“As soon as I heard jazz, I knew it was the music for me.” Late Nights is a lovely little tape, a love letter to jazz via electronics and sampling. The set contains a clear narrative arc, represented by dialogue snippets that begin with one man’s introduction to jazz and end with an encore dedication in a jazz club. The middle section is peppered with brief outtakes of musicians speaking about their craft, as well as a brief prison interview. Even the non-jazz references speak jazz, with a free flowing style and riffing nature.
The form chosen by Melbourne’s Department (Adam Kyriakou) is similar to Botany, Fold and Public Service Broadcasting, in that the words and music are smartly embedded in sharp, head-nodding beats. “I would like to be able to produce a more beautiful sound”, an old, unnamed narrator intones on the title track. This combination accomplishes the feat by framing the saxophone, trumpet, piano, and other instruments in relief. In the end, it’s easy to see why the lead character fell in love with jazz, as every groove, beat and sample exudes a smoky, brandy-filled vibe.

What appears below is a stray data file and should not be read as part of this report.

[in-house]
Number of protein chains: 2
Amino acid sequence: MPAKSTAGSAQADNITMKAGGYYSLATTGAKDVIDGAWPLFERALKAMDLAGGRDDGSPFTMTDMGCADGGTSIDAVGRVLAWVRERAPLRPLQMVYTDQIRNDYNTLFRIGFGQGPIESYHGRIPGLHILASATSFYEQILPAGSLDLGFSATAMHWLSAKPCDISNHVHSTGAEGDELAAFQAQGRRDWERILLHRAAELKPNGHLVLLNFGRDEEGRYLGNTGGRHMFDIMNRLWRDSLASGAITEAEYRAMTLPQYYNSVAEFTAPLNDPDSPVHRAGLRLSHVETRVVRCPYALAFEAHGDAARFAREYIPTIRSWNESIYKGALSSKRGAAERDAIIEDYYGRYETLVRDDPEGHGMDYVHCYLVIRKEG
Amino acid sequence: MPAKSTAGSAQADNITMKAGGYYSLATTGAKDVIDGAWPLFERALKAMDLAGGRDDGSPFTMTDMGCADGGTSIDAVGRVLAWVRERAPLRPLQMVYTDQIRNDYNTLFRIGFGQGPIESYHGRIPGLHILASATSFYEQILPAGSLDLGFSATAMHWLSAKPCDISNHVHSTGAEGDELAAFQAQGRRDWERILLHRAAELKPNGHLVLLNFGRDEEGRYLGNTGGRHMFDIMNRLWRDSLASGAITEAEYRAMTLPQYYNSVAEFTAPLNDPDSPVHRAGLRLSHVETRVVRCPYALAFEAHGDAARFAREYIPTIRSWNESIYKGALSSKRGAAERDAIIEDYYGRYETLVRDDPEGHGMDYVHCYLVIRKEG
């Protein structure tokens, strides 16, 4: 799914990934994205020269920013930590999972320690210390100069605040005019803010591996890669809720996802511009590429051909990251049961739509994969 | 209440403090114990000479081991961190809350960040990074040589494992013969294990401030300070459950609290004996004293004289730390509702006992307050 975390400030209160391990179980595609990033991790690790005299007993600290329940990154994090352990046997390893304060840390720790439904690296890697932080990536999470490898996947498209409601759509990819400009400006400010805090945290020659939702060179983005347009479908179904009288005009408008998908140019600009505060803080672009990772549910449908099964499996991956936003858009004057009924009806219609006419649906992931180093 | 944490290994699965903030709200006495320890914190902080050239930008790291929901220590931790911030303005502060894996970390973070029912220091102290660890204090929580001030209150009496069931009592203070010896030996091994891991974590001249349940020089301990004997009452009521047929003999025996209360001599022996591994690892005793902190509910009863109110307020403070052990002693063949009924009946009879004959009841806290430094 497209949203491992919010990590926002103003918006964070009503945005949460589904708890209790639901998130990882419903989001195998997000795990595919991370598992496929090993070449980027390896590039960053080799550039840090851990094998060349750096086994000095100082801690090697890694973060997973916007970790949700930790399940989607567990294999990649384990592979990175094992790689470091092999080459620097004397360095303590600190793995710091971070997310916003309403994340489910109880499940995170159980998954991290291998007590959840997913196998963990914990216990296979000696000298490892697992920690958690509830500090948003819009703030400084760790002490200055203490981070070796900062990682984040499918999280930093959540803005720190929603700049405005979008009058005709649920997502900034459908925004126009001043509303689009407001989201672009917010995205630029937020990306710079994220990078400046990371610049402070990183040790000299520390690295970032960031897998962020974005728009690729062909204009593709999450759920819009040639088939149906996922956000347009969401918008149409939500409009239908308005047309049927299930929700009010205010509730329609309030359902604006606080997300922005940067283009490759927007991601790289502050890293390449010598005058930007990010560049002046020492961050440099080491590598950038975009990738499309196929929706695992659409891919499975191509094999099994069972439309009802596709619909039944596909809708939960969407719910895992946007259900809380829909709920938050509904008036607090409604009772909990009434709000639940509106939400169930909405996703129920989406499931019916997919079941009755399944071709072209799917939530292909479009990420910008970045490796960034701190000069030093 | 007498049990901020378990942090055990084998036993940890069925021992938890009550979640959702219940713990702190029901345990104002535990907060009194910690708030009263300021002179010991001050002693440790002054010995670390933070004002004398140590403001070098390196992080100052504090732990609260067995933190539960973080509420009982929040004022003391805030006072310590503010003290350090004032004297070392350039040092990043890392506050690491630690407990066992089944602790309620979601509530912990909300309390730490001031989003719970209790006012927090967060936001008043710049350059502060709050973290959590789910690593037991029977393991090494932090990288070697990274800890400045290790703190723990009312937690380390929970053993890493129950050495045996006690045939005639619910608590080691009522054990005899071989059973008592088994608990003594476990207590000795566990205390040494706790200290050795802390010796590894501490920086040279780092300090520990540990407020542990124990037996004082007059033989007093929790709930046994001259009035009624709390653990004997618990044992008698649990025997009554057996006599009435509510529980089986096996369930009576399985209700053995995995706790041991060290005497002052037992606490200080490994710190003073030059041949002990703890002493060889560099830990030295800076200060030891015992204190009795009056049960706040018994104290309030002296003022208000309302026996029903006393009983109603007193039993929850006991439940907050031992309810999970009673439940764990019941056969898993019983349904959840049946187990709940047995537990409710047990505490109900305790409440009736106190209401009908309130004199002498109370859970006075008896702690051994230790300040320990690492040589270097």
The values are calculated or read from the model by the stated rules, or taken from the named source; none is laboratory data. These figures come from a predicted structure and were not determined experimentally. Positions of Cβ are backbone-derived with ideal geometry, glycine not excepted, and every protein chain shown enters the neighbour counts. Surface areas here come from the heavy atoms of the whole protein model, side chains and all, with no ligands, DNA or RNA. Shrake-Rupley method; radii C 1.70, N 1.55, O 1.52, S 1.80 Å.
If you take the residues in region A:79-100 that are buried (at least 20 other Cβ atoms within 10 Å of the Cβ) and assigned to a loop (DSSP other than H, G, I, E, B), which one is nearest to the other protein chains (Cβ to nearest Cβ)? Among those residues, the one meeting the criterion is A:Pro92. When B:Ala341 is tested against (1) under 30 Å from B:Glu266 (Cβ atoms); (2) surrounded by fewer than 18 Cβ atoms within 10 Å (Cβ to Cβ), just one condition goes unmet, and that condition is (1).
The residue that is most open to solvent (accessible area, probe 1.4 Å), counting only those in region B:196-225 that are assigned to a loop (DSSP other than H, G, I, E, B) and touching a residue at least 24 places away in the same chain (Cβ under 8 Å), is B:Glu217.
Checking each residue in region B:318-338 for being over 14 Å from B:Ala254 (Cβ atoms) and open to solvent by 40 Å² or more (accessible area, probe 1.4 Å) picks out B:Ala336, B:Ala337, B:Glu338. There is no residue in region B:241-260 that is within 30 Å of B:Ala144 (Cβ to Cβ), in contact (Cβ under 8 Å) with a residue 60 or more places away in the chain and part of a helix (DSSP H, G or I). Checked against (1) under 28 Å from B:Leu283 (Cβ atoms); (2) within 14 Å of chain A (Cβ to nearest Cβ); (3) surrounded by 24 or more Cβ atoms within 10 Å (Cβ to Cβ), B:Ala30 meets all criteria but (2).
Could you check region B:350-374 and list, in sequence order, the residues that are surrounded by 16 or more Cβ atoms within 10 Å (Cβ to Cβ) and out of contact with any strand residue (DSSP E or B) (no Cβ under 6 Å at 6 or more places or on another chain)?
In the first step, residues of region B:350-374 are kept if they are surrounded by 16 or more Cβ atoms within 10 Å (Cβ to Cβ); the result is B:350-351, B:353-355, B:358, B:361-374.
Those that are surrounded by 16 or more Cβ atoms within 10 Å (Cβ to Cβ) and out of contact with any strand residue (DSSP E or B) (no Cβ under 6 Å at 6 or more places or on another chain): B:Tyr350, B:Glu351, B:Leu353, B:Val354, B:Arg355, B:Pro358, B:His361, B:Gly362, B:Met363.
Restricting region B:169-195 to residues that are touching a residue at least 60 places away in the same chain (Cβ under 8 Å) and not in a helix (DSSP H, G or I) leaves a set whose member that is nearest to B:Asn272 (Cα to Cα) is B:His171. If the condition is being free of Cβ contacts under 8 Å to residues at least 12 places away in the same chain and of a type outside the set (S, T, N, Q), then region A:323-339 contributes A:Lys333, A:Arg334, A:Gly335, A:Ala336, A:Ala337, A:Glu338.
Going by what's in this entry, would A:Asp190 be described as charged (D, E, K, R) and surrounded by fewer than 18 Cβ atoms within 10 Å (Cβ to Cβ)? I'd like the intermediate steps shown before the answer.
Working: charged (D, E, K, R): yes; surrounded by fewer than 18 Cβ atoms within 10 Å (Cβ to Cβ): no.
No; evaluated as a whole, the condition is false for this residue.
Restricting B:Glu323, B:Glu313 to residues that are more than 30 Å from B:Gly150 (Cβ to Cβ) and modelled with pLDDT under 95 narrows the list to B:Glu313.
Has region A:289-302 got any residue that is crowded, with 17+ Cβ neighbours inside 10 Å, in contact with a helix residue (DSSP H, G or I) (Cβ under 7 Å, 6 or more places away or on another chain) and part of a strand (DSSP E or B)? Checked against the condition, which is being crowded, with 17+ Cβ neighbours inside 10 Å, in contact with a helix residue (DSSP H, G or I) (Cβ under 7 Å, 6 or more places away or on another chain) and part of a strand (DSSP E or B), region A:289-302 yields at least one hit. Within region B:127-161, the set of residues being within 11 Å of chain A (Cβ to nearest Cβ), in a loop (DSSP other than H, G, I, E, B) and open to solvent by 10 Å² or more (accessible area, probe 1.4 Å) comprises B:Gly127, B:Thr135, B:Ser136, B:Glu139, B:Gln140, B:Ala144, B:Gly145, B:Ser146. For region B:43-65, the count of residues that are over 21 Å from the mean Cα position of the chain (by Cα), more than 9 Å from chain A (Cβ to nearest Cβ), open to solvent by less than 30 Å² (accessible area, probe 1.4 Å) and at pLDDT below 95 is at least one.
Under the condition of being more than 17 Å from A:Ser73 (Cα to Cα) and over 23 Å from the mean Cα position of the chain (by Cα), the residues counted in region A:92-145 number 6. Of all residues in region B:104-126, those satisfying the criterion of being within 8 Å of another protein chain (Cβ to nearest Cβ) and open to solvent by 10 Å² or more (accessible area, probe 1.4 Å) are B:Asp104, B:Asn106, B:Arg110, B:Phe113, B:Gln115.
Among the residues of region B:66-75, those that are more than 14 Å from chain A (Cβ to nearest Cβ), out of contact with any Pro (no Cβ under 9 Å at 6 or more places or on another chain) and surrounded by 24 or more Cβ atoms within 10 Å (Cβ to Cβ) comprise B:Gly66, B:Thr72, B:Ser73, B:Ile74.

The quality of the release is the lead story, but the artist’s age (16) is worth mentioning. We’ve heard plenty of excellent music from younger people (and lest we forget, Lorde was 15 when she had her first #1), and we’ve heard plenty of poor music from older people, but it’s rare to find one so young who appreciates the music of an older generation. Late Nights honors history by updating it, and speaks to the listeners of two centuries at once. After dedicating a song to “that lovely lady in the front row”, the final speaker signs off: “thank you very much, you’ve been a great audience.” It’s a final example of the dignity that Department lends to his subject. After such an accomplished start, we’re hoping to hear more from the young artist soon. (Richard Allen)